Several of you mentioned that the Gordon Brown character smiled only rarely, which brought to mind Hamlet, for reasons I describe below. Because so much of our course focuses on roles, both authentic and assumed, I think this constitutes a teachable (and blogable) moment. The image above is of British actor Anthony Lester as Hamlet, by the way.

For the next few minutes while you read this post, I would like you to ponder the idea that The Deal is, in some ways, like Hamlet. When you have finished reading, please explore the idea some more and see where it leads you. I hope the idea prompts some questions, and that you will share those questions with the rest of us, either here on the blog or in class.

So what does The Deal have in common with Hamlet, and how does this mental exercise help us become effective collaborative counselors and powerful dispute-resolution advocates? Let me address the first question first, and the second question later.

Maybe you studied Hamlet at school or in college. If so, stretch your mind back in time to that distant pre-law-school era. If not, look for a plot summary online, read the play, rent the DVD (I'd opt for Kenneth Branagh's 1996 version or The Tragedy of Hamlet from 2002 with Adrian Lester) or, best of all, go see it live in a theater. Unfortunately, I can't offer you credit for any of these activities. In the meantime, here's a thumbnail sketch of Hamlet, with apologies to Shakespeare and my old English Lit teachers.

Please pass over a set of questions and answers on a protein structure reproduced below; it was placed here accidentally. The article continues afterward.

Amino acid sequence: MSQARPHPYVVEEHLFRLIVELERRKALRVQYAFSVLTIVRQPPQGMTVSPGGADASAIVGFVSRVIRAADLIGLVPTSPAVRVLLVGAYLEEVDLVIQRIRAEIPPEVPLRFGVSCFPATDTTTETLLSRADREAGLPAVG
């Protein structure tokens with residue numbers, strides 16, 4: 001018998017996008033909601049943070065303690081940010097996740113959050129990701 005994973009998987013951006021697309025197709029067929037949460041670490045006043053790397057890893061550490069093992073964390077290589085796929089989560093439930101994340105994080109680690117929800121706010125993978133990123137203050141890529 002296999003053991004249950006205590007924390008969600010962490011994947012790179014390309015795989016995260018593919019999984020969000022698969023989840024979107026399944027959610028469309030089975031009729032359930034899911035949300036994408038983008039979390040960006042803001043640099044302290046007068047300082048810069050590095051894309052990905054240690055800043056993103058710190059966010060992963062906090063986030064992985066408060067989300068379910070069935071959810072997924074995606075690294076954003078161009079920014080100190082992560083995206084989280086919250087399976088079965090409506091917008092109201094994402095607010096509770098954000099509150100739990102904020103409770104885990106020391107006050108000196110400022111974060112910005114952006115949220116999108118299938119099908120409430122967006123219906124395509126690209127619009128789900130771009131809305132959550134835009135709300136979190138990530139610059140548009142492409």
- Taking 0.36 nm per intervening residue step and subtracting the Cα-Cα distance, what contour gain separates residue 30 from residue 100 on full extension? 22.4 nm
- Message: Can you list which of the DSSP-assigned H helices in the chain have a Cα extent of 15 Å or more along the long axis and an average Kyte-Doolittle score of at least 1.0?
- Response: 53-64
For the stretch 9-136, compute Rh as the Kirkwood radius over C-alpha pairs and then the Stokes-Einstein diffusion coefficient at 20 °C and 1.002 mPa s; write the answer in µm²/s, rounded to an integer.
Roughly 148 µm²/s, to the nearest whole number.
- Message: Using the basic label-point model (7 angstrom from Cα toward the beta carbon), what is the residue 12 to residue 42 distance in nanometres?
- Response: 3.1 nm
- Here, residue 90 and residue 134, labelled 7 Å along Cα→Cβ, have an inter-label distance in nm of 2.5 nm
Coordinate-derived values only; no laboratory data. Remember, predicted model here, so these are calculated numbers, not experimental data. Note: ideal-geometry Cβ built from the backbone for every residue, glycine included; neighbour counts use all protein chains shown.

Hamlet is a prince whose father, the old King Hamlet of Denmark, has died. Denmark is facing the threat of invasion from Norway. Hamlet's mother, Gertrude, has married her late husband's brother, Claudius, who is the new king. Claudius' chief adviser is Polonius. Hamlet courts Ophelia, Polonius' daughter.